I’m going fishing
I love fishing. Some of my fondest fishing memories are with my dad, enjoying the tranquility on the river as we chat about life. Even if we came home empty-handed, those trips were successful because I had been with my dad.
Maybe it’s those fond memories that make John 21 one of my favourite narratives in the New Testament. In this case, though, Peter goes fishing not because he loves it, but because of the memory of failing his Lord.
The bitter disappointment of denying his Master three times during Jesus’ trial (Matthew 26:69–75) must have weighed heavily on Peter’s heart. After hearing of Jesus’ resurrection and seeing the empty tomb for himself (Luke 24:12), how should Peter act when he sees Jesus? The rest of the disciples are excited when Jesus suddenly appears in the upper room (John 20:19–20), but I wonder if Peter stays back, not knowing what to say.
Following Jesus’ command to go to Galilee where the disciples will meet him again (Matthew 28:7), Peter announces, “I’m going out to fish” (John 21:3).
I don’t think Peter is bored or hungry. I think he is pondering his last three years as a disciple and concluding he doesn’t have what it takes to be Jesus’ disciple. In desperation, he decides to do the one thing he’s good at: fishing.
Don’t give up…
I can relate to Peter’s feelings of doubt and overwhelming sense of failure as he sits on the shoreline waiting for Jesus.
After working almost 20 years in the construction industry and taking several years of schooling to prepare for full-time ministry, I can see myself in Peter. I wish I could say I let go of my stable career willingly. Instead, Jesus had to pry open my hands, one finger at a time, until I was face-to-face with the choice of either trusting him or trusting myself.
There are still times when the comfortable is so inviting: I want to be in a place where I know who I am and what I’m supposed to do, where I almost don’t need Jesus because I’m so in control.
But it didn’t help Peter. After spending all night on the sea and not catching anything, I wonder if Peter felt even more dejected. Maybe he thought, “The one thing I thought I knew how to do, I mess up too!” And just at that moment, Jesus appears on the scene.
Because Jesus doesn’t!
In true Jesus fashion, he cuts right to the heart and asks Peter,
“Simon son of John, do you love me more than these?” (John 21:15).
Jesus asks Peter three times, and three times Peter replies, “Yes, Lord, you know that I love you” (vs. 15, 16, 17).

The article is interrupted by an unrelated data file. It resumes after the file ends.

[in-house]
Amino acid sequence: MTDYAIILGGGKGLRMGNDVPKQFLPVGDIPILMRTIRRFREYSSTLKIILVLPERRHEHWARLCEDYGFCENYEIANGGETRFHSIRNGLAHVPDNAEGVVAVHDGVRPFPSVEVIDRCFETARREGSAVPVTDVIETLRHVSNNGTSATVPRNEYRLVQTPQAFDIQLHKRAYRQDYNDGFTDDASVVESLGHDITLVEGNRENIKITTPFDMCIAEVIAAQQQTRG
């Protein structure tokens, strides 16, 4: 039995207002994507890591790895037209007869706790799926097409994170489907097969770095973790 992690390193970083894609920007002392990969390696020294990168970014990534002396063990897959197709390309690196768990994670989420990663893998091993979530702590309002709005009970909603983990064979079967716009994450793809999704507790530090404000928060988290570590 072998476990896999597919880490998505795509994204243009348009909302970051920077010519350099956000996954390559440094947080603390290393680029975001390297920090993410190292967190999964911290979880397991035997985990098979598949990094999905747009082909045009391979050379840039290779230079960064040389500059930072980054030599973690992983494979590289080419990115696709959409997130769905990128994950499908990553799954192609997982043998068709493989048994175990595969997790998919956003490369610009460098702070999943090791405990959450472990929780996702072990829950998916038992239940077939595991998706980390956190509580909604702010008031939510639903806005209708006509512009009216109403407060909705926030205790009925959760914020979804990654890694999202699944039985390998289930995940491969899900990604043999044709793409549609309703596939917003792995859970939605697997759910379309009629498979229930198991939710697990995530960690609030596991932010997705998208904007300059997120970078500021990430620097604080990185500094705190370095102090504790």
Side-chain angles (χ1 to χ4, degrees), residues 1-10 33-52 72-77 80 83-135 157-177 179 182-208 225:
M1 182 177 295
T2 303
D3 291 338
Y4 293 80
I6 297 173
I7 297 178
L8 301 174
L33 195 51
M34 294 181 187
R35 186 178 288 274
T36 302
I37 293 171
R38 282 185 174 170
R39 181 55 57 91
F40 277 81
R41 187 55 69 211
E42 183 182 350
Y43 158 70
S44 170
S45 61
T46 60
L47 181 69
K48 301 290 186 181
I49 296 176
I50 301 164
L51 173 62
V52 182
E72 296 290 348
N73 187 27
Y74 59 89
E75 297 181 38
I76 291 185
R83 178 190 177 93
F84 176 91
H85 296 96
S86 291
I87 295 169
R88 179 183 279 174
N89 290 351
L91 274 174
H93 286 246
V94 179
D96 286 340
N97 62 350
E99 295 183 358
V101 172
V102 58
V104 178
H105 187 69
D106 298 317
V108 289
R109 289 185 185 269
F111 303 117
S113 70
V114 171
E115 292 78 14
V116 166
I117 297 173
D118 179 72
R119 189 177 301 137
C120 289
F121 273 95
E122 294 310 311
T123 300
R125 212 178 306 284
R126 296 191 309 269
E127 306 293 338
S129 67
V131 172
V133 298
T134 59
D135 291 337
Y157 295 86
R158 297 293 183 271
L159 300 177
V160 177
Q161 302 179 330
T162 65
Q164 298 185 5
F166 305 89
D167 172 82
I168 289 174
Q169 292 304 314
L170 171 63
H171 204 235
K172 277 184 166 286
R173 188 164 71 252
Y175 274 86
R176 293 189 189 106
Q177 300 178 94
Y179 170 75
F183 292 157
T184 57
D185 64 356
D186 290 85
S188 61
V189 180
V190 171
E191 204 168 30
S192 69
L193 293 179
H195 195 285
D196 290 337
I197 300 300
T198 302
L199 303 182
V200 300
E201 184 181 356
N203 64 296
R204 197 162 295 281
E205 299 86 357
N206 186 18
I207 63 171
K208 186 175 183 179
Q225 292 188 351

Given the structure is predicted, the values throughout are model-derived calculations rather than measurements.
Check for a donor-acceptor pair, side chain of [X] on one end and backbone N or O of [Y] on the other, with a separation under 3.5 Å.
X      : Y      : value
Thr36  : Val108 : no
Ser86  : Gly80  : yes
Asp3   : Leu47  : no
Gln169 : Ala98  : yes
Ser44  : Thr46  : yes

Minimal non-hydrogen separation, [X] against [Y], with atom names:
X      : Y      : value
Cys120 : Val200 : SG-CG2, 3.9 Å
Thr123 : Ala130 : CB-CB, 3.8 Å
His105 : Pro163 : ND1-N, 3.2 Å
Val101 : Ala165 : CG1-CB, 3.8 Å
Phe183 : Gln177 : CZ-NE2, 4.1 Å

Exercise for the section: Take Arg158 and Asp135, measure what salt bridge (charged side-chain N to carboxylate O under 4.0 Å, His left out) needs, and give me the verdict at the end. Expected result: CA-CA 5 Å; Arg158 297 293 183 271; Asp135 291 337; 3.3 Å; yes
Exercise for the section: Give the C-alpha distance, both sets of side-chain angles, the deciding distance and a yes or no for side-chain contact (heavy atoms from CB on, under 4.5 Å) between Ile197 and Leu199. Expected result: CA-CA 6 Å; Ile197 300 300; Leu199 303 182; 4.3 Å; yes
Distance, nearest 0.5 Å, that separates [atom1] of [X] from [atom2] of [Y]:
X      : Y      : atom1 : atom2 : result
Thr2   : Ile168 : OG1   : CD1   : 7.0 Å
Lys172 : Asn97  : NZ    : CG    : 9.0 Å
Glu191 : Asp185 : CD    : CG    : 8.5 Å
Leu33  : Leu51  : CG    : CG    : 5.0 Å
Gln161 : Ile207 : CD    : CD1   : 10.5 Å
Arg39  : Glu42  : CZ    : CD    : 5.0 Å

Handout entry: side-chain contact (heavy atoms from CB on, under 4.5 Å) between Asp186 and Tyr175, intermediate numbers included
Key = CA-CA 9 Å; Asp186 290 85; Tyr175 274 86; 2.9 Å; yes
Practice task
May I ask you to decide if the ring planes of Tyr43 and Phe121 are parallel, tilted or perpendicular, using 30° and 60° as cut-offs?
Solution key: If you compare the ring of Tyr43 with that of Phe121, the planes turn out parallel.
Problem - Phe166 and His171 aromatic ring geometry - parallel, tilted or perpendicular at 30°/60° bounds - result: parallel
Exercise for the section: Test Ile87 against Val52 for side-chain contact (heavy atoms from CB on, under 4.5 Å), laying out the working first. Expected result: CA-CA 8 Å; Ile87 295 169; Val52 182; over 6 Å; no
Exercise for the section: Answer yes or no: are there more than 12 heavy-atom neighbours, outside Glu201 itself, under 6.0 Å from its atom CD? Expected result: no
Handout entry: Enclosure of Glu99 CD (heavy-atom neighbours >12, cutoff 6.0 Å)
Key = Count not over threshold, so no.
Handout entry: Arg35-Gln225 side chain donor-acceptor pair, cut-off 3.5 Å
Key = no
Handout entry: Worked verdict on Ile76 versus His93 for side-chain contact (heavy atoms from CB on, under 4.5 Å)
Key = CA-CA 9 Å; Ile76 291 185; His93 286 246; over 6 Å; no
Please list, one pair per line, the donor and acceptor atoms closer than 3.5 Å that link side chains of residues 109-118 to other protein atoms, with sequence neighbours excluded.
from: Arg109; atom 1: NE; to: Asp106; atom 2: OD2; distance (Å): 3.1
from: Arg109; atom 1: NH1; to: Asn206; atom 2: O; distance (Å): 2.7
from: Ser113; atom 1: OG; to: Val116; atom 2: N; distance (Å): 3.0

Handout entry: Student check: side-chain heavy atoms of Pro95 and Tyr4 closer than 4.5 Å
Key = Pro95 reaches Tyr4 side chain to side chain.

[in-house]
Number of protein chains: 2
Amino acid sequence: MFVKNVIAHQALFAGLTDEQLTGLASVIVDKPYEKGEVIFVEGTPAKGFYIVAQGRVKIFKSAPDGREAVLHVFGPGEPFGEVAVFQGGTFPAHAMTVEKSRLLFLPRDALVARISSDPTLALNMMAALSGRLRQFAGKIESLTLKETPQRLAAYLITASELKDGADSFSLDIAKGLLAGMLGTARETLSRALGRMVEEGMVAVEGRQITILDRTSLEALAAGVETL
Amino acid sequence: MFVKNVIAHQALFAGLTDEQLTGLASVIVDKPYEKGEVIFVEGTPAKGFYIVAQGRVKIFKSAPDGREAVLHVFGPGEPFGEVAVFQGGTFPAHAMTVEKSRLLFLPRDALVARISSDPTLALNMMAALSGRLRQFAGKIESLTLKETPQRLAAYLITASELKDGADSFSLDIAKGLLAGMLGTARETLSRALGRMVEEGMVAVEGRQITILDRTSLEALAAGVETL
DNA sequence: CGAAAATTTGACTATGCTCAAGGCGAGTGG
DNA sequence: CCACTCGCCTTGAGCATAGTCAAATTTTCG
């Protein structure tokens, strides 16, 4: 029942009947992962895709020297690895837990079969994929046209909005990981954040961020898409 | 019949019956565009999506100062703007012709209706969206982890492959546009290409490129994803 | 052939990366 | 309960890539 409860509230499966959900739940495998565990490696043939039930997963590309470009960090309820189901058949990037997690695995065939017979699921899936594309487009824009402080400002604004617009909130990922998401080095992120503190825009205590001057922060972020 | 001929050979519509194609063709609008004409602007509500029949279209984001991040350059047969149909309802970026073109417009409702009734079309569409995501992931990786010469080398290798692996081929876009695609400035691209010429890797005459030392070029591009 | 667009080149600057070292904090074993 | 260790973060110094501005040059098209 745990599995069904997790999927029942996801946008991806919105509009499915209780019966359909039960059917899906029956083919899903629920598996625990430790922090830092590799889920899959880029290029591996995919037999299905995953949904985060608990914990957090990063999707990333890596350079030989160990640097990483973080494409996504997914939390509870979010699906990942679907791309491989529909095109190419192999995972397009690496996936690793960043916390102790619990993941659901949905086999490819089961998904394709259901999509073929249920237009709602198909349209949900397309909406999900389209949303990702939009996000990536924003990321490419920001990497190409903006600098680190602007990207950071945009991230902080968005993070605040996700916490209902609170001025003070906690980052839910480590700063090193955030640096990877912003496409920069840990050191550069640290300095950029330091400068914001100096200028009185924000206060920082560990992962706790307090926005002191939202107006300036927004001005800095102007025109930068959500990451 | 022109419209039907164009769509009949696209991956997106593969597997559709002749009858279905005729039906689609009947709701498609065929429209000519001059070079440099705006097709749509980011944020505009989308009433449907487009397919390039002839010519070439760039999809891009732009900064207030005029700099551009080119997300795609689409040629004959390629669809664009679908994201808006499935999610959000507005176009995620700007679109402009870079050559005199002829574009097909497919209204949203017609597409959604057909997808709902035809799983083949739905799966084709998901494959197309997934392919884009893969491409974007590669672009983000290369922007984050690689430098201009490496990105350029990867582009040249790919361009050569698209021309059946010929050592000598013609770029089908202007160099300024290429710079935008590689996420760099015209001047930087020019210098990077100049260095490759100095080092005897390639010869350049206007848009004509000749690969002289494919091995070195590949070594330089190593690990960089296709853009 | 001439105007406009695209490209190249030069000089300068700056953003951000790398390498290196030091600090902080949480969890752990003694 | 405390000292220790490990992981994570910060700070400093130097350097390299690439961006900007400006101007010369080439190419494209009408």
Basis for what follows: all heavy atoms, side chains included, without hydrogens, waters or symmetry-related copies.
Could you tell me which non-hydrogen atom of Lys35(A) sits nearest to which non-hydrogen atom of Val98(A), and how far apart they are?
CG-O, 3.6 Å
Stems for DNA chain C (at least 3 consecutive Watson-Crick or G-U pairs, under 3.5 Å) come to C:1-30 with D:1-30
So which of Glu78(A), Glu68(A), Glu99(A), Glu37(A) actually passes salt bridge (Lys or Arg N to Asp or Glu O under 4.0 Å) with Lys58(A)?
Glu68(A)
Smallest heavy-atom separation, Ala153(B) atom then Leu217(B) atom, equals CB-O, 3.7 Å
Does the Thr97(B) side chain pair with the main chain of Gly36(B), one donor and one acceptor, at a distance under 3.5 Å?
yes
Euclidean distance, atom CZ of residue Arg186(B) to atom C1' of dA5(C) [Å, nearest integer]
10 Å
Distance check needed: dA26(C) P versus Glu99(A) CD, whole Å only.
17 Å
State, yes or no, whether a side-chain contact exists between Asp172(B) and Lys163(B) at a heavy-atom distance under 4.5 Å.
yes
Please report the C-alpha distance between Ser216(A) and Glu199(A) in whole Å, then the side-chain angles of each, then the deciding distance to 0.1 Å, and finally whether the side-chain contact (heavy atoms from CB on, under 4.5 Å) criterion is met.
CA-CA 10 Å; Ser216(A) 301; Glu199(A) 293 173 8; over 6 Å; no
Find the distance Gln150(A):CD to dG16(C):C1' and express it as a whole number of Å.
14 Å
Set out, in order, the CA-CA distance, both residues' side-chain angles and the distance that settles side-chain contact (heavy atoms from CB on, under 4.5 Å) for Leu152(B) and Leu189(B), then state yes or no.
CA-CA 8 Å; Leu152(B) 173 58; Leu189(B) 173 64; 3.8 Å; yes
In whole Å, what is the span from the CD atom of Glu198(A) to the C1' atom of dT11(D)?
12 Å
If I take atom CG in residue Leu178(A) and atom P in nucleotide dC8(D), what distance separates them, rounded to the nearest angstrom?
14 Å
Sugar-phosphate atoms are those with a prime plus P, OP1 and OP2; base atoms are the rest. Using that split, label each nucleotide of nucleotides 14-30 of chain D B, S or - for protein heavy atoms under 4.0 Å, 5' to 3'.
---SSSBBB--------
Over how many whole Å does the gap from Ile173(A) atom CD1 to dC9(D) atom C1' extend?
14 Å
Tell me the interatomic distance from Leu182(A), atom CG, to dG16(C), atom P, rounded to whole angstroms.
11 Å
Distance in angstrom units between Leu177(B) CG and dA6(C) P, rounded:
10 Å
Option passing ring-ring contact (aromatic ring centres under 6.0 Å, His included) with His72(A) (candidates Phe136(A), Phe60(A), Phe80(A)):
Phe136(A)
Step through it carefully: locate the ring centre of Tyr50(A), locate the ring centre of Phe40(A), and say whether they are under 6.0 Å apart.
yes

The first two times, Jesus uses the word agape, which indicates sacrificial love. However, Peter answers using phileo, meaning brotherly love. The third time, Jesus uses the word Peter had been using, “Peter, do you phileo me?” (v. 17).
“Peter is hurt” (v. 17). The three questions echo Peter’s three denials, but there may be another reason why Peter is sad.
When Jesus asks Peter if he loves him sacrificially, all Peter can give is a brotherly kind of love. When Jesus comes to Peter’s level, Peter has to recognize his own lack of commitment.
John 21:15 “Simon son of John, do you love me more than these?” “Yes, Lord,” he said, “you know that I love you.” Jesus said, “Feed my lambs.”
Rely on him
But Jesus doesn’t give up on Peter. The question isn’t how Jesus will come to terms with Peter’s denial, but how Peter will come to terms with his own shortcomings.
Failures in our lives present us with opportunities to learn to rely more on Jesus, less on ourselves. I have come to understand that God’s calling me away from construction into vocational ministry was not to present me with a more meaningful way to serve him, but to teach how much I need him, regardless of what I do for a living.
God asks all of us to let go of whatever we’re holding on to, be it dreams and aspirations, relationships or job security.
I started to let go when I allowed God to speak to me in a new way. When this journey started, I had no idea where he was leading or how I would end up serving him. But that’s how God operates. He stands on the shore of our lives and points to the things we have in our nets and asks, “Do you love me more than these…?”
Jesus has a plan for Peter: “Feed my sheep” (v. 17). But it requires letting go of his net. We can’t follow Jesus if we drag our past commitments with us.
Jesus tells Peter to focus on following him and nothing else (v. 20–22). Where’s your focus?
—Denis Federau is the lead pastor at Nechako Community Church, Vanderhoof, B.C.
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